Miscellaneous treatments for neuroleptic-induced tardive dyskinesia

  • Soares-Weiser K
  • Irving C
  • Rathbone J
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Abstract

BACKGROUND Tardive dyskinesia (TD) is a disabling movement disorder associated with the prolonged use of neuroleptic medication. This review, one in a series examining the treatment of tardive dyskinesia, will cover miscellaneous treatments not covered elsewhere. OBJECTIVES The primary objective of this review was to determine whether the following interventions were associated with a reduction of TD in people with schizophrenia, or others chronic mental illnesses: botulin toxin, endorphin, estrogen, essential fatty acid, EX11582A, ganglioside, lithium, naloxone, periactin, phenylalanine, piracetam, stepholidine, tryptophan, neurosurgery, or ECT. SEARCH STRATEGY Electronic searches of Biological Abstracts (1982-1995), Cochrane Schizophrenia Group's Register of trials (1995), EMBASE (1980-1995), LILACS (1982-1996), MEDLINE (1966-1995), PsycLIT (1974-1995), and SCISEARCH (1995) were undertaken. References of all identified studies were searched for further trial citations. Principal authors of trials were contacted. SELECTION CRITERIA The inclusion criteria for all relevant randomised studies were that they should focus on people with schizophrenia or other chronic mental illnesses, with neuroleptic-induced TD and compare the use of the interventions listed above versus placebo or no intervention. DATA COLLECTION AND ANALYSIS Forty references describing 31 different trials were identified by the search strategy. Of 31 trials, 15 trials were excluded, six trials were included, eight awaiting assessment and a further two trials are pending (awaiting translation, unable to locate). Data were independently extracted by each reviewer and the odds ratio or the average differences were estimated. The reviewers assumed that people who dropped out had no improvement. MAIN RESULTS Data were available about the efficacy and safety of cerultide, essential fatty acids, estrogen, lithium and insulin. There was a significant improvement in TD associated with the use of insulin compared to placebo (OR = 0.04, 95%CI 0.01-0.24). No significant differences between the other compounds and placebo were identified. REVIEWER'S CONCLUSIONS There is no strong evidence to support the use of any of the agents included in this review, however because of the small sample sizes, all results must be considered inconclusive. The association between low dose insulin and improvement of TD requires replication.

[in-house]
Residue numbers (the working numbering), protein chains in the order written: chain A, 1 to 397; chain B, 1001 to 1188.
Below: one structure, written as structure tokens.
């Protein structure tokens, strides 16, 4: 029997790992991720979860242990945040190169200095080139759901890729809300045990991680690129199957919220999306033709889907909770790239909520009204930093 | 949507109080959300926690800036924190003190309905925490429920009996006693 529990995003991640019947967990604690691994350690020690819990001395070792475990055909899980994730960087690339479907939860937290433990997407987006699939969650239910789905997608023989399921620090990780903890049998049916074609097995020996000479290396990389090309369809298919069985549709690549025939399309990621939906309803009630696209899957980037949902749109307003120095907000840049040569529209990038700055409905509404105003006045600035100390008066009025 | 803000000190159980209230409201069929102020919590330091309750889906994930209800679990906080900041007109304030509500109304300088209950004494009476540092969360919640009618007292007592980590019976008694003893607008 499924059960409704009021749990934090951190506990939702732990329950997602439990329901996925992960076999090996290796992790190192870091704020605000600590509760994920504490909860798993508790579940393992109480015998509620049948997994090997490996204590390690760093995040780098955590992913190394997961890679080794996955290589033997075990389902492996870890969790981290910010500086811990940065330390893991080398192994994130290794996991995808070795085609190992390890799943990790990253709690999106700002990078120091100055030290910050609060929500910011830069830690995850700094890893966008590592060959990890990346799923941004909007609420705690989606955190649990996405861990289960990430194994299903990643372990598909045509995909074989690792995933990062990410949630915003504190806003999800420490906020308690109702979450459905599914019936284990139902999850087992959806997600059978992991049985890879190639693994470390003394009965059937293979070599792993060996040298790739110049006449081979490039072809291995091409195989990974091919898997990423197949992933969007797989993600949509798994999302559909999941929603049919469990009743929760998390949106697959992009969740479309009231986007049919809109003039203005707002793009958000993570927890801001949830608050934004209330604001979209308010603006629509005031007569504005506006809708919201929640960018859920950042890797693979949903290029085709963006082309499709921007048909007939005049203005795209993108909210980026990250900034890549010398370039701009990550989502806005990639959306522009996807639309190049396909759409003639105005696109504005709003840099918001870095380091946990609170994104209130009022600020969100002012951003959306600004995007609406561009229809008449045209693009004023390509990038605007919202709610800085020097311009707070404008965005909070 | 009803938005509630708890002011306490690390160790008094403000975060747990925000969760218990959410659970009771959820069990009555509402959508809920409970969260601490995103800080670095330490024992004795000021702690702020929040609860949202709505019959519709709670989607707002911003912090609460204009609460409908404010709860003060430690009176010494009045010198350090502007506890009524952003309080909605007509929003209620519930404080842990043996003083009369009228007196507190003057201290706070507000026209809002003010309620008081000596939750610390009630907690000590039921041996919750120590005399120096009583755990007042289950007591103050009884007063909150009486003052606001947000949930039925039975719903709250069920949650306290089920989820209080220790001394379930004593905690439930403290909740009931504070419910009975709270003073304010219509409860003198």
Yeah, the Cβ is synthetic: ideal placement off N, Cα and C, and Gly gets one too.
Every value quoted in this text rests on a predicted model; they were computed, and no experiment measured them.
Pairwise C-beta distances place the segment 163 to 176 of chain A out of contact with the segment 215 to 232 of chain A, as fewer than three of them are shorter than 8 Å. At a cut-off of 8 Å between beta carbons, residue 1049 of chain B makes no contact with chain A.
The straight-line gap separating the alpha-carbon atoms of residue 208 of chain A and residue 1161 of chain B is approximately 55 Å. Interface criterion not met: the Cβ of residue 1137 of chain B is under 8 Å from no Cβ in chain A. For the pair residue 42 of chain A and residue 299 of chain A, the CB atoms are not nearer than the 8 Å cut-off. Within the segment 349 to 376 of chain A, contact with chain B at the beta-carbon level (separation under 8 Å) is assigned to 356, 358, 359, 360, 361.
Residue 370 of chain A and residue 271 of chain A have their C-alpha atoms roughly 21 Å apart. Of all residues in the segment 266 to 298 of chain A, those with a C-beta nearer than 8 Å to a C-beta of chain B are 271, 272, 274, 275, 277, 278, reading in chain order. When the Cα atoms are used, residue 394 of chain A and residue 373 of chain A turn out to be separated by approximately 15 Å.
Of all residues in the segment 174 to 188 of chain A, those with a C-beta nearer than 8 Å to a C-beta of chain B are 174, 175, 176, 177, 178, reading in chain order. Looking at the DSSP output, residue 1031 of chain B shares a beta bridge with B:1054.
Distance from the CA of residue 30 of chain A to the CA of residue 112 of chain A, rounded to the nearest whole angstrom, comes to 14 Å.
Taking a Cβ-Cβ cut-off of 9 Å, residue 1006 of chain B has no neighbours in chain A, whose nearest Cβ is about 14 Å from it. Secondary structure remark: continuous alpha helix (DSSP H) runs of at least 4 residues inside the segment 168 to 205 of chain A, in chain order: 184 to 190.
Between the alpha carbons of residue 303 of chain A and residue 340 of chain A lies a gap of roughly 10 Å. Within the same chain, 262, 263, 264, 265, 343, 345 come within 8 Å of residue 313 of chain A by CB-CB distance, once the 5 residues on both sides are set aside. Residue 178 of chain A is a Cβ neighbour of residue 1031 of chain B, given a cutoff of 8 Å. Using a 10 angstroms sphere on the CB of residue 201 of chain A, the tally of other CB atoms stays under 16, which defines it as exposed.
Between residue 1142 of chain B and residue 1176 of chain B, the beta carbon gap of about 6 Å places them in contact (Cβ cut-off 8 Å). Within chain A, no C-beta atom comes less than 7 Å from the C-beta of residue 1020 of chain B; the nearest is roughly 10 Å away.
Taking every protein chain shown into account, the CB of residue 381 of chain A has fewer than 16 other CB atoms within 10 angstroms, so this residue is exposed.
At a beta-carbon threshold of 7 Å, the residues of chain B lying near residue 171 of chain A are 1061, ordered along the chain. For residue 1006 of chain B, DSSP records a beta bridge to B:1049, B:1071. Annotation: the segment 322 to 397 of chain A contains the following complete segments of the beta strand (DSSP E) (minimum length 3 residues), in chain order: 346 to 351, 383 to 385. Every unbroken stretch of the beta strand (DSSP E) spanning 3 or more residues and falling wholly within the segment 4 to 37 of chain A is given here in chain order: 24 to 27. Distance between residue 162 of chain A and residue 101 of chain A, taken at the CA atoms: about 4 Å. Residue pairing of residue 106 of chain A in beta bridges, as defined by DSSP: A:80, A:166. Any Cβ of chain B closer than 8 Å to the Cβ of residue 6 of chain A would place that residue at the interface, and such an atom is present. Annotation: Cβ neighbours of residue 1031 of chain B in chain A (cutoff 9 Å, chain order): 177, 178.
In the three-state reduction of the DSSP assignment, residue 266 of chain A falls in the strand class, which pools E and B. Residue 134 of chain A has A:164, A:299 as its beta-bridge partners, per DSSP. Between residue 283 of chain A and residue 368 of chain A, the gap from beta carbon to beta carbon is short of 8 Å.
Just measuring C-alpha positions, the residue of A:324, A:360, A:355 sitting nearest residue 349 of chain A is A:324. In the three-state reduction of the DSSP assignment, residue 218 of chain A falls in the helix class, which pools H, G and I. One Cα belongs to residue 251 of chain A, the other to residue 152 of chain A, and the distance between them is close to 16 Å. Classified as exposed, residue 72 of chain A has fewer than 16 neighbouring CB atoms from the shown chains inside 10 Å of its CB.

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Soares-Weiser, K., Irving, C. B., & Rathbone, J. (2003). Miscellaneous treatments for neuroleptic-induced tardive dyskinesia. Cochrane Database of Systematic Reviews. https://doi.org/10.1002/14651858.cd000208

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